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Students take documentary production to the next level

April 24, 2015

What began as a group assignment for their telecommunications class turned into a long term project for 11 documentary specialization students. They were split into two groups and created films highlighting current issues affecting people all over the country.

Since they started working, it has been more about the final product than getting a 4.0 in the class.

“This is the quintessential college group project, but on steroids,” journalism senior Gabriela Saldivia said.

Saldivia is one of two producers for the film “Unchecking the Box,” which started as an idea from the form that is required when applying for jobs, for example, where people have to check a box identifying with a specific race. Their intention is to start the conversation about race and cultural sensitivity about the topic.

Most of the students working on this film are white and don’t really think twice about checking that box, interdisciplinary humanities senior and director Caitlin Parks said.

“We want to use this film as an educational tool because the race conversation is changing,” Parks said. “I think it’s more of getting people to acknowledge the more subtle issues that we have with race now .... maybe there aren’t as obvious as instances as there would have been 50 years ago for racism, but since it’s less obvious, people (might) think that it doesn’t exist.”

The film focuses on three main characters that have identified with a minority or feel that they do not fit into a box.

“It seems like everyone that is of a minority race or is multi-racial has had that (difficult) experiences,” Saldivia said.

The other student film, “Gay from Gaylord,” focuses on marketing sophomore and producer Chris Ryan, a gay comedian who struggled with coming out in his small town. Gaylord, Michigan, is a area that lacks diversity and acceptance with the LGBT community, putting Ryan in a difficult situation growing up.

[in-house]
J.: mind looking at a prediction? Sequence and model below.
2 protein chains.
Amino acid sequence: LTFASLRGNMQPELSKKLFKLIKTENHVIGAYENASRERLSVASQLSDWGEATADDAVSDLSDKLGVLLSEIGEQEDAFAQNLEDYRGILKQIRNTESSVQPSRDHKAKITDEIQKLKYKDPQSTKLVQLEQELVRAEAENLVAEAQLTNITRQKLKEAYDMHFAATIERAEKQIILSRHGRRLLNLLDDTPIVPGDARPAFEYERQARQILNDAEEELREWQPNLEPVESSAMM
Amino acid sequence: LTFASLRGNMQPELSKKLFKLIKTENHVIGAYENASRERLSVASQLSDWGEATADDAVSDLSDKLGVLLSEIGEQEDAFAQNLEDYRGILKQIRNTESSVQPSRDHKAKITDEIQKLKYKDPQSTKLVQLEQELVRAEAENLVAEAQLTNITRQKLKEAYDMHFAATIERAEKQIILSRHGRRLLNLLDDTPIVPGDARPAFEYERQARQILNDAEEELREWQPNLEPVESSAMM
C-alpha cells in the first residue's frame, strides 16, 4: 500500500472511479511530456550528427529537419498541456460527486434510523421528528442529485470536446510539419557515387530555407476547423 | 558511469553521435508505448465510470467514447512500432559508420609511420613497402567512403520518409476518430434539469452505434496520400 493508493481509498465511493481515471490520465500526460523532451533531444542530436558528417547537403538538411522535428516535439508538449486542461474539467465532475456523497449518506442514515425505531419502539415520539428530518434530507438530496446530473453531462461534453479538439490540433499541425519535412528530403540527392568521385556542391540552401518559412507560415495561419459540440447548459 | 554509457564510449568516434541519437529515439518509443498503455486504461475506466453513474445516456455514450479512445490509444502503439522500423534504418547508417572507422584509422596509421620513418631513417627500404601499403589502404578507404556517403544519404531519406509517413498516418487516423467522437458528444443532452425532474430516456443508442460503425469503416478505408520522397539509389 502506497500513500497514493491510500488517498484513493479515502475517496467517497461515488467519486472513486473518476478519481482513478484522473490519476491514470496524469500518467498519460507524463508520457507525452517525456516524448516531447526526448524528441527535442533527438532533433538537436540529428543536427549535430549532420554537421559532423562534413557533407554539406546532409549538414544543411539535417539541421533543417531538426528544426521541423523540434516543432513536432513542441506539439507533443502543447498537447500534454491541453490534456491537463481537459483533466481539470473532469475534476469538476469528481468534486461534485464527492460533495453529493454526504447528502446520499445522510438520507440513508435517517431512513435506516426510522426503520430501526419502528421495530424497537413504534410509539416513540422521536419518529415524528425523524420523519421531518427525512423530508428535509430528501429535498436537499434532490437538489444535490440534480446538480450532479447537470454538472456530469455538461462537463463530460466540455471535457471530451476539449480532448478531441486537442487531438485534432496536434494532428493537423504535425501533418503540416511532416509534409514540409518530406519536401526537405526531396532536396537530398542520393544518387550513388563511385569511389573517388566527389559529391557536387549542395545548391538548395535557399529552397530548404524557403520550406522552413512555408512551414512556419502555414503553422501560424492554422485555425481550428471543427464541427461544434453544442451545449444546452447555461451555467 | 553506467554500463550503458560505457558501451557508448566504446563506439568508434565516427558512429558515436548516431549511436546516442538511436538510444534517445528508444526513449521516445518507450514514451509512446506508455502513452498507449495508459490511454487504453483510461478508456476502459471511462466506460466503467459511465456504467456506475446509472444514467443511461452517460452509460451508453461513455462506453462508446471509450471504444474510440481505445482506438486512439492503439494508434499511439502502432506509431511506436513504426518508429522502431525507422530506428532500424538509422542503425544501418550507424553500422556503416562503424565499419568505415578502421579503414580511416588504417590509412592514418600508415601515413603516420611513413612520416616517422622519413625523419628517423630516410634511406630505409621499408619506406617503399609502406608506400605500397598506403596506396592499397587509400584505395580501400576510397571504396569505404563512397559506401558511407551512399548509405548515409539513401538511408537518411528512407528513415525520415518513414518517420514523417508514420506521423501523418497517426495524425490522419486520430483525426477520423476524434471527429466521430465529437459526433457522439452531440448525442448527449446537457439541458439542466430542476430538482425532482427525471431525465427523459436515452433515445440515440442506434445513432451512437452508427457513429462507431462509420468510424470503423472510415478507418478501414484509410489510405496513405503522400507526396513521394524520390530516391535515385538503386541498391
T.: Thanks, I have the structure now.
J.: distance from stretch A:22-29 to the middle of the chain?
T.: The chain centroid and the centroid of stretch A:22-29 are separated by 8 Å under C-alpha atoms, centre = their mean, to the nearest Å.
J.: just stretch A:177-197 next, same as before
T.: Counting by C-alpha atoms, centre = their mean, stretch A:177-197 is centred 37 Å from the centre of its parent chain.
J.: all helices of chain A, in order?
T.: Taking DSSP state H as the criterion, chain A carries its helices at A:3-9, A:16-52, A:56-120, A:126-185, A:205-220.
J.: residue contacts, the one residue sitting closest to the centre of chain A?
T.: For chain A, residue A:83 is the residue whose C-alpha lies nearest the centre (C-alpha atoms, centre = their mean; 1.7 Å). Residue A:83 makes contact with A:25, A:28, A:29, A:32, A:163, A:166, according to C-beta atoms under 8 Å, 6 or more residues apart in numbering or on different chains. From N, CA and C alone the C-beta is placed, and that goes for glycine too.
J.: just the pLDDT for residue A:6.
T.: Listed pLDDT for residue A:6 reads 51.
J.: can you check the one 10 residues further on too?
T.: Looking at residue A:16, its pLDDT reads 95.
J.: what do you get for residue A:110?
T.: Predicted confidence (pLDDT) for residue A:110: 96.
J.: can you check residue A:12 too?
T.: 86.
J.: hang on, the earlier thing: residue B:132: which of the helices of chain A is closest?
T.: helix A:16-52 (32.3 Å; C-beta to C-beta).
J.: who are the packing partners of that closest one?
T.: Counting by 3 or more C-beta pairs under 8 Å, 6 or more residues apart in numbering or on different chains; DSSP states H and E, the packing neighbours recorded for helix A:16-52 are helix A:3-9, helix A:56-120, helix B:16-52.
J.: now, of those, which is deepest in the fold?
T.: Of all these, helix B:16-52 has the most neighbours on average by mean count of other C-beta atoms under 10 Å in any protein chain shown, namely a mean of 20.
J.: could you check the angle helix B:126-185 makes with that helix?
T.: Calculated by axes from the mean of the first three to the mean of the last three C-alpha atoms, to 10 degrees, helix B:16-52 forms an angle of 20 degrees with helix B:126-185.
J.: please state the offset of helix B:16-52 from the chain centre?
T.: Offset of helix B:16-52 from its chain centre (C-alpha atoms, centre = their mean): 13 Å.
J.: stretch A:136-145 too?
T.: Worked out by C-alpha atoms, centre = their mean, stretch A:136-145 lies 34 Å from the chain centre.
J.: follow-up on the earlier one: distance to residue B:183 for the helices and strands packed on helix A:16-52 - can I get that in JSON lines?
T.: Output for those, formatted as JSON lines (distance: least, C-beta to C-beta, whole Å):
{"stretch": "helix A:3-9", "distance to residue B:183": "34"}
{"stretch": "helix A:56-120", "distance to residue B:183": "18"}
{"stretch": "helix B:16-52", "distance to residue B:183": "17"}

“I grew up very shy and depressed due to the fact that I was bullied a lot through high school for my sexuality,” Ryan said. “I started to solely find my voice via silly YouTube videos, musical theaters, but I was still dealing with all the issues of suicide, depression, struggles at home.”

After he came to college, Ryan connected with the student body and began performing stand-up comedy. The documentary is about his coming of age journey through comedy and how the outlet allowed him to find himself.

“We thought it would be a really interesting perspective — it’s not something you generally see documentaries about,” arts and humanities junior and director Danielle Dillon said.

In addition to Ryan’s touching interviews and performances, the film features his parents, his ex-boyfriend from high school, another gay student from Gaylord, his high school drama teacher and Gaylord’s city manager.

Media and information junior and editor Dakota Johnston said that they have about 20 hours of footage for “Unchecking the Box,” which they have to edit down to 25 minutes.

Both groups have been working on their films since the beginning of the semester and are closing in on crunch time. The documentaries will be shown at a formal premiere at Studio C in Okemos on April 28 starting at 7 p.m.

To make admissions free, both groups fundraised and entered contests to raise money to pay for the premiere.

“Unchecking the Box” won in the digital media category at University Undergraduate Research and Arts Forum last week, winning money to go toward the debut.

“I’m really excited and really nervous — this has kind of been our baby,” Ryan said. “In this film, I talk about the highest of my highs, the lowest of my lows, so it’s just airing it all out there so I’m just really excited to see how the audience perceives and takes it.”

Once the groups show their films, they plan to submit them to a number of festivals, including the Traverse City Film Festival. The creators of “Gay from Gaylord,” intend to showcase their films at LGBT festivals. They want to reach out to pride organizations and expose their message to those who can relate to Ryan.

“I’ve never seen anything I’ve worked on on that big of a screen,” media and information Lindsay Benson said. “This is just the best class I’ve taken in college. ... It’s like the epitome of what we want to do and getting real-life experience.”


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